“The Chinese,” wrote Garnet Wolseley, “are the most remarkable race on earth, and I have always thought, and still believe them to be, the coming rulers of the world. They only want a Chinese Peter the Great or Napoleon to make them so.”
Yes, the Chinese are indeed remarkable, and on Friday Tom Holland, the South China Morning Post columnist, argued that Wolseley, a 19th-century British field marshal, was farsighted. Yet Wolseley’s words, from 1903, have been proven wrong. China, as Holland should know, got its fair share of larger-than-life figures in the 20th century. There was, most notably, the willful Chiang Kai-shek and then the charismatic Mao Zedong. Neither was lacking in ambition or strength, and yet both ultimately failed the Chinese people.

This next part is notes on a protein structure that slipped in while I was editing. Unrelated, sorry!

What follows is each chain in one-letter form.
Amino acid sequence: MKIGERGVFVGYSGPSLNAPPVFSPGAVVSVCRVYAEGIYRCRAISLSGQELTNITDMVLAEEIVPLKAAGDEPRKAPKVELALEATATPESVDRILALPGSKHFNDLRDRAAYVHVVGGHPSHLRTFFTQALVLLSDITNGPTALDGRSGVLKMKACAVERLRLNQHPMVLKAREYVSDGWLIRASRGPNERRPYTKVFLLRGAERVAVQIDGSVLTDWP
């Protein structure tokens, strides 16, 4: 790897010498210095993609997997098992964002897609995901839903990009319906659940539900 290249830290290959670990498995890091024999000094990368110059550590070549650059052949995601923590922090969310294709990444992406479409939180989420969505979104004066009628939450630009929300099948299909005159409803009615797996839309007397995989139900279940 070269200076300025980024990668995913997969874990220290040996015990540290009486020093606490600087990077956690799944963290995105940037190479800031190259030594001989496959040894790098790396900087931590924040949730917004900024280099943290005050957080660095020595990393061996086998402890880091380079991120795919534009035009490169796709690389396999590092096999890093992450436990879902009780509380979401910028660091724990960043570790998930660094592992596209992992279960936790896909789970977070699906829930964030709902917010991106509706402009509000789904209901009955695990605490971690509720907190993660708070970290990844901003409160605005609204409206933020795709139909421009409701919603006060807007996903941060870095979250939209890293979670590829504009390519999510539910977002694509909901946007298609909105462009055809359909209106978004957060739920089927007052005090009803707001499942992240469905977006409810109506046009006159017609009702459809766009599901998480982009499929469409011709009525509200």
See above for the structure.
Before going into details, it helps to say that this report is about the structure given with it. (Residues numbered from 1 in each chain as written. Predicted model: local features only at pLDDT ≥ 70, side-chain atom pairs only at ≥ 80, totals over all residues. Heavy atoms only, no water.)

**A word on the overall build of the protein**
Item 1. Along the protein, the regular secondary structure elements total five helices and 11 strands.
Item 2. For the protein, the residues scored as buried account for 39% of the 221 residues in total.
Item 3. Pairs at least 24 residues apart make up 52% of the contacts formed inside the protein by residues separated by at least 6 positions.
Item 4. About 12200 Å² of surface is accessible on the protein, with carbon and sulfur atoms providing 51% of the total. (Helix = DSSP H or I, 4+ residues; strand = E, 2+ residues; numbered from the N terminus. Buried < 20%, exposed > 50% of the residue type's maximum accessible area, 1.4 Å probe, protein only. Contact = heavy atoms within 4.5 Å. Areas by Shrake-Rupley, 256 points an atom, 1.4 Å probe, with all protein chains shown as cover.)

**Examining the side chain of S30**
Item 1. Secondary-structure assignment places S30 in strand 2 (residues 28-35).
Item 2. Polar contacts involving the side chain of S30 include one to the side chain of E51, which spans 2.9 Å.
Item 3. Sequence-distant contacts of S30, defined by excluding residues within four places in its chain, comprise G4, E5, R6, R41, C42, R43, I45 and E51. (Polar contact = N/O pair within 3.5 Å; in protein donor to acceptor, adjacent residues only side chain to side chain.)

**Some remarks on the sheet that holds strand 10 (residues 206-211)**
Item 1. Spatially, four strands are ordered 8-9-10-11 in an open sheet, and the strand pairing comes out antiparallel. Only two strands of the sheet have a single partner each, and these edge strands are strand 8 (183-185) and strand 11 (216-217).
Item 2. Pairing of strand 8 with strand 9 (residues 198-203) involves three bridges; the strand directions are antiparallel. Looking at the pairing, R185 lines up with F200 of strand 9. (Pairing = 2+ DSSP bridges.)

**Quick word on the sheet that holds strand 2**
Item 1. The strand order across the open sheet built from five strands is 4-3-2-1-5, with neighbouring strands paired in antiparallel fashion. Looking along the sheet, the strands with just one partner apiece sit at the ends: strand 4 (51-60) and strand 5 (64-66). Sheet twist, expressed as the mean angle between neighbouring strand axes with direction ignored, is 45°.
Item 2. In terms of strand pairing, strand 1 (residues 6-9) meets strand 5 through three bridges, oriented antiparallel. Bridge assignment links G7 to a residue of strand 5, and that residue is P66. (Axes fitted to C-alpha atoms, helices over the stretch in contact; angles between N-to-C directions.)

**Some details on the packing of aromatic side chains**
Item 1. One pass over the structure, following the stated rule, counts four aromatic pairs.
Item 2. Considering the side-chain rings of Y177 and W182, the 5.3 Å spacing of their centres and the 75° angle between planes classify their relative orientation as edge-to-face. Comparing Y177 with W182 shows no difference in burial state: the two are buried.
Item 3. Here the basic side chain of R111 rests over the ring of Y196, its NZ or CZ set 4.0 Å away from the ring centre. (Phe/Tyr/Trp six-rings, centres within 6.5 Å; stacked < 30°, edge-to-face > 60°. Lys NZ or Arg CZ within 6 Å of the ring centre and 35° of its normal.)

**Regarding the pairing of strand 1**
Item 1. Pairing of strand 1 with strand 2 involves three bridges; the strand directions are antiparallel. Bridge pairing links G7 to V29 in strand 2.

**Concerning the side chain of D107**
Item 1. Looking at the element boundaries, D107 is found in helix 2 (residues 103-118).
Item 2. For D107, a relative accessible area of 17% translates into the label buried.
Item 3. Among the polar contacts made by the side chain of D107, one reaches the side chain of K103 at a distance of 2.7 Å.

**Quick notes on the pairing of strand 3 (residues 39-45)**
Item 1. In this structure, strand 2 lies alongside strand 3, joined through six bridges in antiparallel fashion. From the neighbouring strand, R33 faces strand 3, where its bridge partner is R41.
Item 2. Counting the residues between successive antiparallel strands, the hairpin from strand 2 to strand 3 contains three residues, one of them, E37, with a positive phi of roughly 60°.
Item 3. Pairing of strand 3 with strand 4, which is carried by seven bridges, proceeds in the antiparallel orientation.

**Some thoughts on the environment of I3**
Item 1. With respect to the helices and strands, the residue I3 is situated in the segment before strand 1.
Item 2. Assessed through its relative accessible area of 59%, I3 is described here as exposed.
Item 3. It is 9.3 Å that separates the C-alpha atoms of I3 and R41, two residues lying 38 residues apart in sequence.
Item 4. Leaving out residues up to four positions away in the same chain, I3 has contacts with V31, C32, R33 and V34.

Wolseley was correct that the Chinese needed leadership, but they did not need a Chinese Napoleon. What they needed then—as they still do today—is a system that allows them to lead themselves. The Communist Party of China, however, insists it has a historical obligation to rule.